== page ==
In a rare motion at the Town Council meeting Monday, July 11, Councilmember Sydney Verinder proposed a reconsideration of the council’s June 20 ruling on the White Oak Towers parking waiver. At that meeting, the council voted 4-2 to deny a waiver for the minimum number of parking spaces and prevented Trimark, the building’s owner, from converting White Oak Towers into office condominiums.
Town Code requires 226 parking spaces for a building of White Oak Towers’ size, but the building currently has 183, plus 21 spaces shared with a neighboring building.
Verinder had voted against the site plan modifications the first time around, but changed his mind, he said, based on information he had not seen before the June 20 meeting since he had been away. The council approved the motion to reconsider, and in the re-vote approved the site plan modifications 4-3, with Councilmembers Laurie Genevro Cole, George Lovelace, and Maud Robinson opposing. Cole expressed concern that Verinder had missed out on the information before the vote.
The information Verinder referred to was a confidential memorandum that clarified some of the specific provisions in Virginia law applying to the White Oak Towers situation. After he reviewed the memorandum, Verinder said, he decided that in fact Trimark and its agent, Cooley Godward LLP, had made good effort to increase their number of parking spaces. Verinder also said that the change in ownership was not enough of a change to justify denying a waiver for the minimum required number of parking spaces.
"We feel good," said Gavin Klein, attorney for Cooley Godward. "It’s the result the clients wanted."
Verinder stressed that the motion to reconsider was not something he planned to do often. "Sometimes, you’ve got to do what’s right," he said. "Sometimes that’s hard."
ANOTHER ITEM on the agenda was an appeal by Greg Haight, a Windover Heights resident, for a certificate of appropriateness for his house, after the Windover Heights Board of Review had denied it. Haight had replaced rotting siding on his 1980’s house on Windover Avenue with flat stone without first seeking a building permit from the town. He tried to obtain a certificate of appropriateness from the Board of Review, but they denied it, saying that the stone panels were inaccurate to the Victorian style of the house.
After a public hearing, the council voted unanimously to overturn the Windover Heights Board of Review ruling and approve Haight’s request for the certificate.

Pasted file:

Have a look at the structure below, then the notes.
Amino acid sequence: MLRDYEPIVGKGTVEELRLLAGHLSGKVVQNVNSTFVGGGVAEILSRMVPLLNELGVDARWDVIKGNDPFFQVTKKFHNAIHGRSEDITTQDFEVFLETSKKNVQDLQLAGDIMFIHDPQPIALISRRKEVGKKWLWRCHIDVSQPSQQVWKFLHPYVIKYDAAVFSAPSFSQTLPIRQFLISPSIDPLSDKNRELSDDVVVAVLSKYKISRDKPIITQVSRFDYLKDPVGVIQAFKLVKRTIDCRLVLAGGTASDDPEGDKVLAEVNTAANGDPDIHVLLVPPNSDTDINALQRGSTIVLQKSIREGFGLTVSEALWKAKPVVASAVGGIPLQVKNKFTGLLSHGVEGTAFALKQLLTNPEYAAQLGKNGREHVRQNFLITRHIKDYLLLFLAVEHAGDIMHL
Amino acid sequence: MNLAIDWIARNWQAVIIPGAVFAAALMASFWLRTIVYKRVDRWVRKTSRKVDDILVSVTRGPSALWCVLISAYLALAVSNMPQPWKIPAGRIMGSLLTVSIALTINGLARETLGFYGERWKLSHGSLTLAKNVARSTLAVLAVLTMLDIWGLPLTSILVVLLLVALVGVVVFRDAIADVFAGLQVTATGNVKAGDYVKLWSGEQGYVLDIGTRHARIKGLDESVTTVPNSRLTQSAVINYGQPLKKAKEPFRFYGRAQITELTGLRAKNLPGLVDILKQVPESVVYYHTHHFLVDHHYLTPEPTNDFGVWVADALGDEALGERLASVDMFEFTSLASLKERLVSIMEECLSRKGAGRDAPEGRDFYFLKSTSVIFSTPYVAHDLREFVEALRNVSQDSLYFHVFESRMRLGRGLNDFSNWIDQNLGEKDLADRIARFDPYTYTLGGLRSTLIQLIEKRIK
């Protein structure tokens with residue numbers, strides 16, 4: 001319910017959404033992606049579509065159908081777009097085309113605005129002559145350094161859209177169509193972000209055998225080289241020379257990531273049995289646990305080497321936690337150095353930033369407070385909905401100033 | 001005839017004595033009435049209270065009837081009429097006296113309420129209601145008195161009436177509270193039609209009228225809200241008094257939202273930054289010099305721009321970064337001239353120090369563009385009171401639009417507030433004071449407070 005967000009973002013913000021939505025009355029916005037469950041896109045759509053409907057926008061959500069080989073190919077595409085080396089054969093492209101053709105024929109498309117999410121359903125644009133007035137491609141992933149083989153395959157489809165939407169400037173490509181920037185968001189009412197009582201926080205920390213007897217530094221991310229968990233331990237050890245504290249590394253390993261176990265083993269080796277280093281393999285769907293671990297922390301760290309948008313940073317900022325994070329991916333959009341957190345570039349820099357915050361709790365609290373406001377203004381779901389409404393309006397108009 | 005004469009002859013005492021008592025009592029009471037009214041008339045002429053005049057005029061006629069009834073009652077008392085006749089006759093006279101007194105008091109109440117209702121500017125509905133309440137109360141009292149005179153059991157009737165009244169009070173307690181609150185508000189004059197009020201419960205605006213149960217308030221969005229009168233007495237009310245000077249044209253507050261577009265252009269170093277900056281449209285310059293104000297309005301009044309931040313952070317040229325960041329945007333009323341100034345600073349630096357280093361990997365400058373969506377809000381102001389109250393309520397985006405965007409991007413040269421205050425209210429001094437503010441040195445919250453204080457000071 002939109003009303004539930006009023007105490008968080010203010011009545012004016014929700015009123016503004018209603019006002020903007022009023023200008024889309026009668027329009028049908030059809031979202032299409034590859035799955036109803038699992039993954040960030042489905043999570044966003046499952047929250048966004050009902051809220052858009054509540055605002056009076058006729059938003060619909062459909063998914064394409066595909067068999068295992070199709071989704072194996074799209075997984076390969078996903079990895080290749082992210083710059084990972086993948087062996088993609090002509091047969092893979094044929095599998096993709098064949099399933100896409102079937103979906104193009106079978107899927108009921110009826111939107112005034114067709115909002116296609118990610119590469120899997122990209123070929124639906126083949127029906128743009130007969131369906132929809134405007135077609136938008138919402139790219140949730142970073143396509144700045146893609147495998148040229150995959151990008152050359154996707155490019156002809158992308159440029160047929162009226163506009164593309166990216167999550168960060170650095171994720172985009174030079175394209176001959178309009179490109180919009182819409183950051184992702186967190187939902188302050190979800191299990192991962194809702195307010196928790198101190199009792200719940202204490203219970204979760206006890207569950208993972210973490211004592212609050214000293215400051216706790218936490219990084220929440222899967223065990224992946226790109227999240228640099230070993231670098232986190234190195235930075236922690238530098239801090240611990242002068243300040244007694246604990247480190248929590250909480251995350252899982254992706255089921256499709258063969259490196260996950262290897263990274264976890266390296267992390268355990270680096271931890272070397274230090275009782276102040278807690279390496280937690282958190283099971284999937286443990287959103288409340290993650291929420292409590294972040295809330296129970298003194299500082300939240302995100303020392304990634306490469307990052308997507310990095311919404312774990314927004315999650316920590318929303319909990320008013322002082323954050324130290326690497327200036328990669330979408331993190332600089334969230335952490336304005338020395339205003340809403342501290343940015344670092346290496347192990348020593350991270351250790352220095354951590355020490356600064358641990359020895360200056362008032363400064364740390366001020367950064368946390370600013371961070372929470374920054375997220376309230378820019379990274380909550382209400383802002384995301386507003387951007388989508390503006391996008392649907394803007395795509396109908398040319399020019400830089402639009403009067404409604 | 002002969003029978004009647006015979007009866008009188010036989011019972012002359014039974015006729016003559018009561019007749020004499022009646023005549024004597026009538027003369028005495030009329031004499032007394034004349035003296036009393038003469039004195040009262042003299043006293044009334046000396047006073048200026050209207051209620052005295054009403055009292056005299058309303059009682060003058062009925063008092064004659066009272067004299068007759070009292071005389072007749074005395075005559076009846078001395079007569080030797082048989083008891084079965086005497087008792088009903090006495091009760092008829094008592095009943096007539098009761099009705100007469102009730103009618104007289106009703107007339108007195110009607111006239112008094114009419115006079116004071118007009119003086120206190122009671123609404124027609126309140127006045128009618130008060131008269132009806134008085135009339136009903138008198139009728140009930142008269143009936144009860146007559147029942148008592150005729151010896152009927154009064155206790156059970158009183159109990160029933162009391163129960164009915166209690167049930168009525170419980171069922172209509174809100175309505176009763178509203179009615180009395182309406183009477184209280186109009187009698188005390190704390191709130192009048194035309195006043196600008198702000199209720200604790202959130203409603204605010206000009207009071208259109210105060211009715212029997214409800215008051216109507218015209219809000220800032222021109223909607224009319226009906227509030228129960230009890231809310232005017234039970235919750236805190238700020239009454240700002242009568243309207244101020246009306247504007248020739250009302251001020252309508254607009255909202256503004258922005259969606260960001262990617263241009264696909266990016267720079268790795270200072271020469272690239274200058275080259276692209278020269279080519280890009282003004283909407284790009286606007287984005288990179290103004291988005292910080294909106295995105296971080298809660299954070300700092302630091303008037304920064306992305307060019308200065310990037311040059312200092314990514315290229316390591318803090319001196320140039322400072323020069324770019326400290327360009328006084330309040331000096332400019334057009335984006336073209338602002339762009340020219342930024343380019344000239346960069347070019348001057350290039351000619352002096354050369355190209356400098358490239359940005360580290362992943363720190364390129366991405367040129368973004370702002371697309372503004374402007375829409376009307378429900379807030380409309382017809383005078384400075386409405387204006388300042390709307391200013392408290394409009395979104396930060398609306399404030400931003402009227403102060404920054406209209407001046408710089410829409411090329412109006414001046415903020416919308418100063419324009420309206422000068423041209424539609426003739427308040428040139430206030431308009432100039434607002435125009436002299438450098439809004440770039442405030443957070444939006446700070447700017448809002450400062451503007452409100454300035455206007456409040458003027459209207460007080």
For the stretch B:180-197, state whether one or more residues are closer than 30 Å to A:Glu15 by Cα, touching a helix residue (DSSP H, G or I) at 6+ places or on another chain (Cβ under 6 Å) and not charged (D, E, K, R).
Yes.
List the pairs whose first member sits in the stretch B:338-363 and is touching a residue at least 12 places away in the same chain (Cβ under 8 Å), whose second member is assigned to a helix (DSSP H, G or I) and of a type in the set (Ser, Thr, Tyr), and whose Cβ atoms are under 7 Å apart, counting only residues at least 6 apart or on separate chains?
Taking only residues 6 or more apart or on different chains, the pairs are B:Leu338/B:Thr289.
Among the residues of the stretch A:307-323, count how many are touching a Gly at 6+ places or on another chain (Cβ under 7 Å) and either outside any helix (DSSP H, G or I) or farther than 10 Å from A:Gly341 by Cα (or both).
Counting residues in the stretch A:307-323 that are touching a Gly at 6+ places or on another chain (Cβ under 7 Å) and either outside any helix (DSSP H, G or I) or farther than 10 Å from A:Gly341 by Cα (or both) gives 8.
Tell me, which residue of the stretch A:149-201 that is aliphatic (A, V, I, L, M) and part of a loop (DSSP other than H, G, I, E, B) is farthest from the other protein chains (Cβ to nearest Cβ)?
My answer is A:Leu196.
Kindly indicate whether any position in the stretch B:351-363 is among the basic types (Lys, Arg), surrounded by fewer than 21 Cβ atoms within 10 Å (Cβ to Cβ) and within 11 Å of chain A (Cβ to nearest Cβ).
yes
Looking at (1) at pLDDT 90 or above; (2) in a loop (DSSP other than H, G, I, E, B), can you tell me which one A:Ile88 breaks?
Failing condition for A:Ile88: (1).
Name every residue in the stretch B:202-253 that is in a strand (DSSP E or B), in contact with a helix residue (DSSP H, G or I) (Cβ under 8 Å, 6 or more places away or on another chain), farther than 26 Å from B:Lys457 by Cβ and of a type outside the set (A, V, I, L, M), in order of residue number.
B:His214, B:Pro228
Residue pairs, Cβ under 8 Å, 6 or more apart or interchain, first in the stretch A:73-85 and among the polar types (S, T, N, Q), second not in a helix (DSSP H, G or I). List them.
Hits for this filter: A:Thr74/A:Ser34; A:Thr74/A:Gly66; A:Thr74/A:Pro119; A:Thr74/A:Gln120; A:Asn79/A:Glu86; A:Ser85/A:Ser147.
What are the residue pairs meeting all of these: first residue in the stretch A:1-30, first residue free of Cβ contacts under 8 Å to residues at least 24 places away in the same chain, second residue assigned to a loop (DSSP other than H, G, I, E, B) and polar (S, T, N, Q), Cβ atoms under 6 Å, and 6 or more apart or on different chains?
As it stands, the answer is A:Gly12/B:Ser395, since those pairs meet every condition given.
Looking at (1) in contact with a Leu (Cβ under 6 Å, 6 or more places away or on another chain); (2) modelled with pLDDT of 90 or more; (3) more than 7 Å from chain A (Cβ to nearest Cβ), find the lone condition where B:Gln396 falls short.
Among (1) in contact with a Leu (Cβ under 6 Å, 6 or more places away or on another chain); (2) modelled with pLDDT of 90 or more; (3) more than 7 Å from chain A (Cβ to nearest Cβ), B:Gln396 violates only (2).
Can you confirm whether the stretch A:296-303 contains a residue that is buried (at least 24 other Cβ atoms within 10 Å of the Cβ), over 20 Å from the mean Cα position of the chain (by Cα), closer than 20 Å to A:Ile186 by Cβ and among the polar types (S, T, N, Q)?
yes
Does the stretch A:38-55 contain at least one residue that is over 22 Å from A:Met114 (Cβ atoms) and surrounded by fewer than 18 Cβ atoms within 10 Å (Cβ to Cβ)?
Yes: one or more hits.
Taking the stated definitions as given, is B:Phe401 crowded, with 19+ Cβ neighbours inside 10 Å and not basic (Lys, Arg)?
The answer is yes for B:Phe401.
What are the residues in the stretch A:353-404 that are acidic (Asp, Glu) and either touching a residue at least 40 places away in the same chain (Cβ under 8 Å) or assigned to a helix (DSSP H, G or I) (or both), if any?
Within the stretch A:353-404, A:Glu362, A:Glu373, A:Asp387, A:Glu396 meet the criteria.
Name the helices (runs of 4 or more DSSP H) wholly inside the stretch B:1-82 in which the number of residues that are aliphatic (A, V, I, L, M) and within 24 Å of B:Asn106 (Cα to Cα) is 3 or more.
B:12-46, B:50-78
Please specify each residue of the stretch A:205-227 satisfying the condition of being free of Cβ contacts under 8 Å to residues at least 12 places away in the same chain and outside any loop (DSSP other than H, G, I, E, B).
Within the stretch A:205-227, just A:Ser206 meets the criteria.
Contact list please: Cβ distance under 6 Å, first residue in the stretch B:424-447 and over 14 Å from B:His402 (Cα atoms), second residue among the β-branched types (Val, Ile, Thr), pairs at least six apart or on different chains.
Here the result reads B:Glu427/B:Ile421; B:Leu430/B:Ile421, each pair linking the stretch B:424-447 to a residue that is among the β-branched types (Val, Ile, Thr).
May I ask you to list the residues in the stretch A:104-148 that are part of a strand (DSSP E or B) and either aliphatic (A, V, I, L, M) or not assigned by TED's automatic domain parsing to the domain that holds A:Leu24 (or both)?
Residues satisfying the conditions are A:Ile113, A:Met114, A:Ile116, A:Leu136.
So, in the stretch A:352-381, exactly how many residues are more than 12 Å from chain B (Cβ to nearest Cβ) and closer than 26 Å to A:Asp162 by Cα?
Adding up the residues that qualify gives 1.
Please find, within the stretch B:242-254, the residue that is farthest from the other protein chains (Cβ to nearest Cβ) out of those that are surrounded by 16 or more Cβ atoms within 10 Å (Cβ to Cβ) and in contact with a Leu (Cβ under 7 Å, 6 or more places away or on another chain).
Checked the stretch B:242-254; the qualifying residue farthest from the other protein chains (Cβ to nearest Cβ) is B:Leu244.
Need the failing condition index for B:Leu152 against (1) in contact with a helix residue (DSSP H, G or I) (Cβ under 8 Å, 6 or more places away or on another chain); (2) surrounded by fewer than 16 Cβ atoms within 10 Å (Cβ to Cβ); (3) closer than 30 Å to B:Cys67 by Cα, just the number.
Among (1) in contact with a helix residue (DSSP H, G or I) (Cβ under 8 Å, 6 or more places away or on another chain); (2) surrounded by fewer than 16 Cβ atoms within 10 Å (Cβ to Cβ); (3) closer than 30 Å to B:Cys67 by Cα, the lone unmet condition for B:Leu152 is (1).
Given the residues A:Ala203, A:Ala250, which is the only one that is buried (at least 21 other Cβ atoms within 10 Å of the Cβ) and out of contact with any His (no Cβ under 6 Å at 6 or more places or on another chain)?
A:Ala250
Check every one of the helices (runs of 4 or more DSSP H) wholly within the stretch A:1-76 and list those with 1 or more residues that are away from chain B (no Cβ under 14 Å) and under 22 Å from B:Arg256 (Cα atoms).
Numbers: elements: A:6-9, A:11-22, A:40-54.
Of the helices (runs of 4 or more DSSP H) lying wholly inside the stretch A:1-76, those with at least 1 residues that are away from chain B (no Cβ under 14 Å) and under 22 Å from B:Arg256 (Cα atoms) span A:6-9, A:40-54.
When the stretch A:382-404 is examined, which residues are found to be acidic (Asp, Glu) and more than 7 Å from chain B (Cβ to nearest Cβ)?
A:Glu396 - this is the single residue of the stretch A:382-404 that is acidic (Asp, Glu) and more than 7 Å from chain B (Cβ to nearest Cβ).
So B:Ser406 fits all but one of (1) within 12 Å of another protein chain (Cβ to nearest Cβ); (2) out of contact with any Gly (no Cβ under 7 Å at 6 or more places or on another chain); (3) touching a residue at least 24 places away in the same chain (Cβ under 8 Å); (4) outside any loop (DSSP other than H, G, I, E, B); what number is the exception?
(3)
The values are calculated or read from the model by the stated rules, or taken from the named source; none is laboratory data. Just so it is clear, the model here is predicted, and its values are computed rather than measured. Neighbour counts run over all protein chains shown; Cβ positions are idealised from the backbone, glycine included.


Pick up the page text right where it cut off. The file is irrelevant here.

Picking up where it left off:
Robinson disagreed with the "rigidity of the board’s decision of, ‘there is only one way to (remodel), and that is our way.’" Robinson said that she researched Victorian architecture thoroughly in preparation for Monday’s meeting.
"I haven’t read anything saying that there is only one way to do it," she said.
THE COUNCIL ALSO heard a presentation by Mark Meana of Vienna Youth Inc. and Vienna Babe Ruth. Meana proposed replacing the scoreboard and fence at Waters Field, moving the light pole and irrigation system, and replacing the grass on the field with synthetic turf, which Meana said would prove more cost-efficient than grass. The entire project would cost $950,000, with the town paying $100,000. Councilmembers agreed that the baseball field needed improvements, but expressed some reservations toward the cost. The council will examine the turf situation more thoroughly in an August work session.
In other business, the council approved the following measures:
* A request by William Hawes of Land Development Consultants, Inc. to subdivide a block of Windover Heights at the corner of Courthouse Road and Pleasant Street into three lots.
* A measure that authorized the final payment of $681,263.73 to Verizon Wireless, to underground telephone utilities along Maple Avenue as part of the Maple Avenue Enhancement Project.
* A measure to accept a grant of $50,000 for the Vienna Police Department. The grant, provided by the Virginia Department of Criminal Justice Services, will fund the crime analysis portion of the records management system, and requires a local match of $12,500.
* A measure to replace three old Kawasaki police motorcycles with motorcycles from Renegade Harley Davidson, at a total cost of $55,779.
* Appointments of Tara Voight to the Transportation Safety Commission and of Deborah Brehony to the Board of Architectural Review.